4. Some of the members of Tree Nation get together at Savage Ranch, and decide to make Tree Nation an official environmental agency. Stonewell Primate Lab funds the project and soon the official TN Inc. offices are built directly across from Bonobo House. Sage is elected President.
5. Sage and her friends learn more about the Kristian Kommand, when some of the TN Inc. members volunteer to go undercover at secret Kommand meetings. Sage learns from her spies, that the man responsible for the burning of her mountain is also the C.E.O of the oil company that Virgo Jane committed suicide over. I refer to the man as Jack, and he is also a member of a very secret and appalling operation being conducted by the Kommand.
6. After discovering all of the horrible things Jack has done, Sage buys a gun, and runs away to the oil company’s headquarters to kill him. Along the way however, she is attacked by a group of angry loggers, and is taken in by a kindly African priestess living in the area. The priestess and Sage talk about lots of things, and by the time they are done, Sage has decided to forgive Jack. She tracks him down to his office at headquarters, and has an emotional conversation with him. At the end of it, she tosses her gun on the floor, and tells Jack to dispose of it if he has any heart. Jack, unfortunately, attempts to shoot Sage. He is gunned down by a cop who went to Jack’s office when Richard Martin informed the local police of Sage’s plans. The kindly Sage grieves for him.
7. Sage also decides to have a baby, and it is born in the last chapter. She names it in the story’s final sentence.
What I’m actually imaging is a ‘Sage Trilogy.’
B. THE MOVIE: One activity that gives me great pleasure is drawing conceptual art for various characters, and scenes that might take place in the Primal Tears movie. I spend a great deal of my time writing amateur script samples, and sketching out storyboards for my own amusement. I have thought up very basic summary ideas for 68 episodes worth of ‘Primal Tears T.V.’
C. ACTORS: I fantasize that cast members will include Mariska Hargitay as Sarah. Tom Hanks as John Stengers (I have given him my own personal award for ‘Most Interesting’ male actor). Johnny Depp as Kevin (my award for ‘Second Most Interesting’), and maybe Anthony Hopkins as Bo Breaker. Who are you hoping to see in the movie? I am also envisioning Kanzi the talking bonobo as Dexter. Wouldn’t that be neat?
D. FILMING: The way I imagine it, the cinematography for the movie would be done in a way that makes it seem very haunting and mysterious. It would feature extensive use of that creepy zoom in and out simultaneously effect during moments of tension (such as when Sarah is walking down the hall to Hixton’s office). During Sage’s frustrating teen years, as she struggles between her human and animal personalities, she is often depicted in Film Noir style as if to convey the peculiar aspects of her character. By the end of the movie however, things become brighter, when Sage finally makes peace with herself.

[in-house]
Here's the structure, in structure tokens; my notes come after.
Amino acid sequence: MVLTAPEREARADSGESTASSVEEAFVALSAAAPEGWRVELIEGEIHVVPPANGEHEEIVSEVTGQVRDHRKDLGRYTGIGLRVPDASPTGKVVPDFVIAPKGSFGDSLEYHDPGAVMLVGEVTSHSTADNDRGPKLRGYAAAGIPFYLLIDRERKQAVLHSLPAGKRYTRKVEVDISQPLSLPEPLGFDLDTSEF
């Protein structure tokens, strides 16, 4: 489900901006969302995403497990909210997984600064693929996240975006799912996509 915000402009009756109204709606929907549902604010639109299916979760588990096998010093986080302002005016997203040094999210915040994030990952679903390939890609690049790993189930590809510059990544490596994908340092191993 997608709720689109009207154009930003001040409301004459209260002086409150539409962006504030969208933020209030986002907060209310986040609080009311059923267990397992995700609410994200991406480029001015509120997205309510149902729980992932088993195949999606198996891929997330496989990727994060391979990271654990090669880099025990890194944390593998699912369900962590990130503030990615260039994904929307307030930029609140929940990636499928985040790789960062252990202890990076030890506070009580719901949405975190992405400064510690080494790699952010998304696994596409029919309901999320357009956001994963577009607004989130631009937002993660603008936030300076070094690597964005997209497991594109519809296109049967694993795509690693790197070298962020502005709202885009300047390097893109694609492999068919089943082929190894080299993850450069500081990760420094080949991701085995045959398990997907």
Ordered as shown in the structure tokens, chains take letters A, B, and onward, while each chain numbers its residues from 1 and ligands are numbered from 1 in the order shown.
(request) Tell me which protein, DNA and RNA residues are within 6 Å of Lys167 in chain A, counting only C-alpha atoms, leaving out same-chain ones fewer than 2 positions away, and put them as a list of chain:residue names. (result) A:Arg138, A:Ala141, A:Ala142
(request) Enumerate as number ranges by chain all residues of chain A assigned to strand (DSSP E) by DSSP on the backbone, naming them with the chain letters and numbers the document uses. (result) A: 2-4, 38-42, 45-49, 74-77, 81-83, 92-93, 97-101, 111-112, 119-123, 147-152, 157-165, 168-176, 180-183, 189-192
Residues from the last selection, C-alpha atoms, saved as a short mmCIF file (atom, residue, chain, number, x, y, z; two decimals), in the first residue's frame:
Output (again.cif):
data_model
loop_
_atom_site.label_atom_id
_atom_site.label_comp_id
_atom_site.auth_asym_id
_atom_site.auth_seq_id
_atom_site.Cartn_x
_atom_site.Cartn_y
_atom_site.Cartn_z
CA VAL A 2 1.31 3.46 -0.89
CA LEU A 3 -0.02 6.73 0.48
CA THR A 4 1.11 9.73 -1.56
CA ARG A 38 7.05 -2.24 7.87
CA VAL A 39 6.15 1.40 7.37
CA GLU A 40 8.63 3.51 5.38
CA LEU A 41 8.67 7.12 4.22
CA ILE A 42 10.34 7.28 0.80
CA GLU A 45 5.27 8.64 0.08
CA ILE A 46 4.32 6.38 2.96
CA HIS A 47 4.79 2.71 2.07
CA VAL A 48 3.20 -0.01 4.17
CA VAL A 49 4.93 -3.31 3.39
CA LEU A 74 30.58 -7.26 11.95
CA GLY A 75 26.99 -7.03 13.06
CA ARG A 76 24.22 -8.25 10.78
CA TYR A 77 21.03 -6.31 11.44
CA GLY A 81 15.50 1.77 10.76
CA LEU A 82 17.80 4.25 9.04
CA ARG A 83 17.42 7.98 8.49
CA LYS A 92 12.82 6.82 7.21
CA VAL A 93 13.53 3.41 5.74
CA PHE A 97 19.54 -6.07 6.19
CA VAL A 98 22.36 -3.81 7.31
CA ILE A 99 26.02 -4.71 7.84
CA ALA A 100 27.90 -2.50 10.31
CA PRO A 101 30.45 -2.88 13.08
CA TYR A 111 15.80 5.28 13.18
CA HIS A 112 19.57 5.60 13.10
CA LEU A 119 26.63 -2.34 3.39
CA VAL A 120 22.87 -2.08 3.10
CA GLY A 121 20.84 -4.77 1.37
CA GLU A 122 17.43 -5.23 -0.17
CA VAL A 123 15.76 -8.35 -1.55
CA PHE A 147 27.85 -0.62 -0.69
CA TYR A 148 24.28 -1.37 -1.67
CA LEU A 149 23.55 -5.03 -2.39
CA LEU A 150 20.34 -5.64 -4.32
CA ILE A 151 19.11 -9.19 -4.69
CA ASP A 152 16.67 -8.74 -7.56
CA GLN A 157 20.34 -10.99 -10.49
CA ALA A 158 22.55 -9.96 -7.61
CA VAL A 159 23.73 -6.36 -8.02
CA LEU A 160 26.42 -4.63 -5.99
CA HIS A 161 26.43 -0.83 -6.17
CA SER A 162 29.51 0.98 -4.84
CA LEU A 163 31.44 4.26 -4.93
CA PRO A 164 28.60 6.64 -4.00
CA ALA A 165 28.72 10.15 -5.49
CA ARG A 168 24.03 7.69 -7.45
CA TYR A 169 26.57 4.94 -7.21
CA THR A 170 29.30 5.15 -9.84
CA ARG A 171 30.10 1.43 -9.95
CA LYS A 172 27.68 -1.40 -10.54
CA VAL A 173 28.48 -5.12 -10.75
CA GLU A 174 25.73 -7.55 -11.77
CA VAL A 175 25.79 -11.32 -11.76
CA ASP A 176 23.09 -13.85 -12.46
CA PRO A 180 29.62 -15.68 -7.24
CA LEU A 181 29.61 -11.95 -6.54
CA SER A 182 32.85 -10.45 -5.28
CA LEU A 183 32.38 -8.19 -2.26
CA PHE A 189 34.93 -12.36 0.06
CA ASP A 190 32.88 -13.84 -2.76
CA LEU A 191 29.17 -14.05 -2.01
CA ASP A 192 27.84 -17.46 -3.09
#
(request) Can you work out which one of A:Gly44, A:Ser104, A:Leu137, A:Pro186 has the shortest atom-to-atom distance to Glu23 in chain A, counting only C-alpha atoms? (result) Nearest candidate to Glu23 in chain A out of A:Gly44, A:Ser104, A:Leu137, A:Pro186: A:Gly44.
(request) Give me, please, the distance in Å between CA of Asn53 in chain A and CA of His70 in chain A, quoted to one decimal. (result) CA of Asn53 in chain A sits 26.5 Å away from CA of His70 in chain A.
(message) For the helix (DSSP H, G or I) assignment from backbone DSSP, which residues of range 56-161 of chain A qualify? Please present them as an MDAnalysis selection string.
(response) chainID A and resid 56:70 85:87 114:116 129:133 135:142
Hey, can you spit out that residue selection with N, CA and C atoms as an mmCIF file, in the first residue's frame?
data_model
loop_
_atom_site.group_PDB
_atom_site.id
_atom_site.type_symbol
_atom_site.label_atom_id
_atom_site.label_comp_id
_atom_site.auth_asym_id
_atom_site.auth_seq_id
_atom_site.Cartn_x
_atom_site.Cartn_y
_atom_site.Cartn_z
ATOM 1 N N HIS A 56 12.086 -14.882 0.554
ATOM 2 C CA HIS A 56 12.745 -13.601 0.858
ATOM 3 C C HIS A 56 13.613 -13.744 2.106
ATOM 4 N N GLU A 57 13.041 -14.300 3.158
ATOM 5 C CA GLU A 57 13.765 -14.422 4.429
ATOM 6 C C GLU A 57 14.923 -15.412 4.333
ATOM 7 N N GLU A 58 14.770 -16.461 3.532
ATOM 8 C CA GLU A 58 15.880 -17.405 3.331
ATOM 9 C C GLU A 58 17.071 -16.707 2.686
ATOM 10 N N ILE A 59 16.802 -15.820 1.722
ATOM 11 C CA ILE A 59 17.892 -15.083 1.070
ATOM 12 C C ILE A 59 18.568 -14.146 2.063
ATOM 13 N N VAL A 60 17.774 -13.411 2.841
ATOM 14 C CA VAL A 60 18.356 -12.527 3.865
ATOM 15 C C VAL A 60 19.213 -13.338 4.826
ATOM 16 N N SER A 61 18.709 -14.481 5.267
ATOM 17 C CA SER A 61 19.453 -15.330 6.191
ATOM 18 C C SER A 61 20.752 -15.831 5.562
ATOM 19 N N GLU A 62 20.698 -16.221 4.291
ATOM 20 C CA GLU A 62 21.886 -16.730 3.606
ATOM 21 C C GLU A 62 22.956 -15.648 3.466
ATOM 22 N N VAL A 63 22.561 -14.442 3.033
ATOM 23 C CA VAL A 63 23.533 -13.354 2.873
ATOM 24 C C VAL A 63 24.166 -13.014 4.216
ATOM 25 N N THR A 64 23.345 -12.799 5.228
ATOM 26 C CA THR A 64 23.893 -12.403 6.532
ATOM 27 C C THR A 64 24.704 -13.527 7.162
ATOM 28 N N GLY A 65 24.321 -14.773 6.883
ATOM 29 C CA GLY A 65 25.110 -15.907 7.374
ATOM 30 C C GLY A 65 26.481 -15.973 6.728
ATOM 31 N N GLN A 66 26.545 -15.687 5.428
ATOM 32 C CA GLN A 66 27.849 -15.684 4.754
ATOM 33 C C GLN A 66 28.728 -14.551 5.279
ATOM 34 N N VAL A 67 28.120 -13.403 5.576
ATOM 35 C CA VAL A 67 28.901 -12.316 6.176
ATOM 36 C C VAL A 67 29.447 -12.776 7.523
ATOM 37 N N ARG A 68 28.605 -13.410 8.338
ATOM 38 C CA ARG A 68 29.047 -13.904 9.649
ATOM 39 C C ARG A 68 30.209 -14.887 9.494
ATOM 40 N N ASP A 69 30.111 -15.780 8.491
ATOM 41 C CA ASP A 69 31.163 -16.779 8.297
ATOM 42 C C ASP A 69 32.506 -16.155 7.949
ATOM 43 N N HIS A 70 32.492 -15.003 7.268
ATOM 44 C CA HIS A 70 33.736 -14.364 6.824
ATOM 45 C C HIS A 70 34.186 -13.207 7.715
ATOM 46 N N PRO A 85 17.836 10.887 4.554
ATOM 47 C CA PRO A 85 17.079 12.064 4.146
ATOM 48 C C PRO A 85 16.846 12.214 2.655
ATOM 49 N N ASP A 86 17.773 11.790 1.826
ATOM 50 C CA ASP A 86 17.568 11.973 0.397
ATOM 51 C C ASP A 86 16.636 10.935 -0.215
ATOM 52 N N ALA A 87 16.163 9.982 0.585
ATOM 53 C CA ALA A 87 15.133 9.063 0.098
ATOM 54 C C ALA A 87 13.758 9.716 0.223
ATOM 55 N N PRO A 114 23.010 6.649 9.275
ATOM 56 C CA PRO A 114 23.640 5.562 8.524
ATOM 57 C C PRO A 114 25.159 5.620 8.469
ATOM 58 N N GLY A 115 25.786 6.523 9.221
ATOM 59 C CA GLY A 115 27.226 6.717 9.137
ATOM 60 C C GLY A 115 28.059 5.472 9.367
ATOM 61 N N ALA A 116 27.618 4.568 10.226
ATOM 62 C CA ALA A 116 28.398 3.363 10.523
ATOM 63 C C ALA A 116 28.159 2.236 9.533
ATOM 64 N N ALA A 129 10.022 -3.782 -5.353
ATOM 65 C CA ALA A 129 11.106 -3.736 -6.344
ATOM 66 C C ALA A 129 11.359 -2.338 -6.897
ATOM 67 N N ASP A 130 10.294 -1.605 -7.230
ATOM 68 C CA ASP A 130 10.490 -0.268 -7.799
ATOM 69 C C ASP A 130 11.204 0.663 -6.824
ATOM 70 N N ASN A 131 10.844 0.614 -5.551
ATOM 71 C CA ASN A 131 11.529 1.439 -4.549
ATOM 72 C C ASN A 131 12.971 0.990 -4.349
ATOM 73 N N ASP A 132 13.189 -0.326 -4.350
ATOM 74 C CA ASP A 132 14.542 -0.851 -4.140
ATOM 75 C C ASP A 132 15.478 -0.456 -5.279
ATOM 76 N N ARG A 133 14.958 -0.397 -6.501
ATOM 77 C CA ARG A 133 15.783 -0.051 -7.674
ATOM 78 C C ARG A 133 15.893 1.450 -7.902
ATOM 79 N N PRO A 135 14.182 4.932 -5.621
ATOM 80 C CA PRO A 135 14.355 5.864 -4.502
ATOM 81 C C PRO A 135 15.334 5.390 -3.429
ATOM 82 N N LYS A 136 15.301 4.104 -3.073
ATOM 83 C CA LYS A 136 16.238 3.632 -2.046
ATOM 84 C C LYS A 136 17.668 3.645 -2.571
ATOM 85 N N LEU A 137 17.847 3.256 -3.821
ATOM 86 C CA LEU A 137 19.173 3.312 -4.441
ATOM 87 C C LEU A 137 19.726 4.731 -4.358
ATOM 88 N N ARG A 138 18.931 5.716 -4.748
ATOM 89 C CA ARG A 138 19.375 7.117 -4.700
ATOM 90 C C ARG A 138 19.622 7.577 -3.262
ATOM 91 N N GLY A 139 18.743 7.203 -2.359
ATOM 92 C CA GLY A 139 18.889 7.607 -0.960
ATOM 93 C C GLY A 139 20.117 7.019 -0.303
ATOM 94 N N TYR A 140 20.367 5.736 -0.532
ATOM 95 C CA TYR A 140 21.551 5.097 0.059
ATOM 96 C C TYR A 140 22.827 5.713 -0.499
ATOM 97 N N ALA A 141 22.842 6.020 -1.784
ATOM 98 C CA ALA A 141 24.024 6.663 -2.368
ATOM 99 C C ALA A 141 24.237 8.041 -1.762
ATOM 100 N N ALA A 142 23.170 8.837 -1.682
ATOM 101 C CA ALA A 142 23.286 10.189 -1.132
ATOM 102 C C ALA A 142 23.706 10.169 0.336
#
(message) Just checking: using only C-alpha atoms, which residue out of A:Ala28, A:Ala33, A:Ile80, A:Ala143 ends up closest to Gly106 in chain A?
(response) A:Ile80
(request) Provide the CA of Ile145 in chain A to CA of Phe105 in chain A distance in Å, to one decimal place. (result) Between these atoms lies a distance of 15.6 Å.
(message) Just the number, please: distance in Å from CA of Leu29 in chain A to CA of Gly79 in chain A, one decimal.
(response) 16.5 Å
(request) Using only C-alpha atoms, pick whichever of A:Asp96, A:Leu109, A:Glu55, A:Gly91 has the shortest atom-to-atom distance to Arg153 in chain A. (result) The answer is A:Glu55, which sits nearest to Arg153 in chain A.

How do you hope it will look?
E. THE SOUNDTRACK: I’m hoping that the soundtrack will include a remixed version of ‘The Sunshine of Your Love’ by a modern rock band, and another version sung by Kevin and young Sage. I also think it would be neat to have ‘R-e-s-p-e-c-t’ and Stevie Wonder’s ‘Isn’t She Lovely.’ Some of the other artists I hope to hear in the soundtrack include Melissa Etheridge, Pink, The Indigo Girls, whoever ends up playing Marleybone, The Dixie Chicks, and Alix Dobkin. And finally a traditional tribal song, sung by the Tree Nation chorus featuring Sage.
Which artists are you hoping to hear in the soundtrack?
NOTE: I have also written lyrics for a song called
‘Your Okay’ inspired by the character of Sage.
Well I had a fun time writing this. Rest assured I will be the first in line to preorder the sequel if you ever write one, and one of the hopefully thousands in line to buy tickets for the premiere of the film.
Date: Wed, 23 Jan 2008 15:50:23 -0500
Your novel, Primal Tears, was indeed VERY moving. I have been reading sci-fi- alternative universes/ fiction for 35 years now - with just a bit of sci fact to temper and I cried like a baby when I was finished with Sage and Sarah.. I was raised in Colombia, a third world country, and understand how out of touch we are in the USA, where desires for what's not needed drive and real needs get swept under the dirt floor of your tin shanty. Loved your book and what you are doing for us! I returned the book to the library without jotting down the sites for the preservation of the Bononbos. Please, if you can, reply with the websites. Keep writing; your knowledge of bio/eng is a great mix and very welcome in this fundamentalist, know nothing, follow the cow bell, war on the OTHERS, world in which we find ourselves trying to live and make peace in.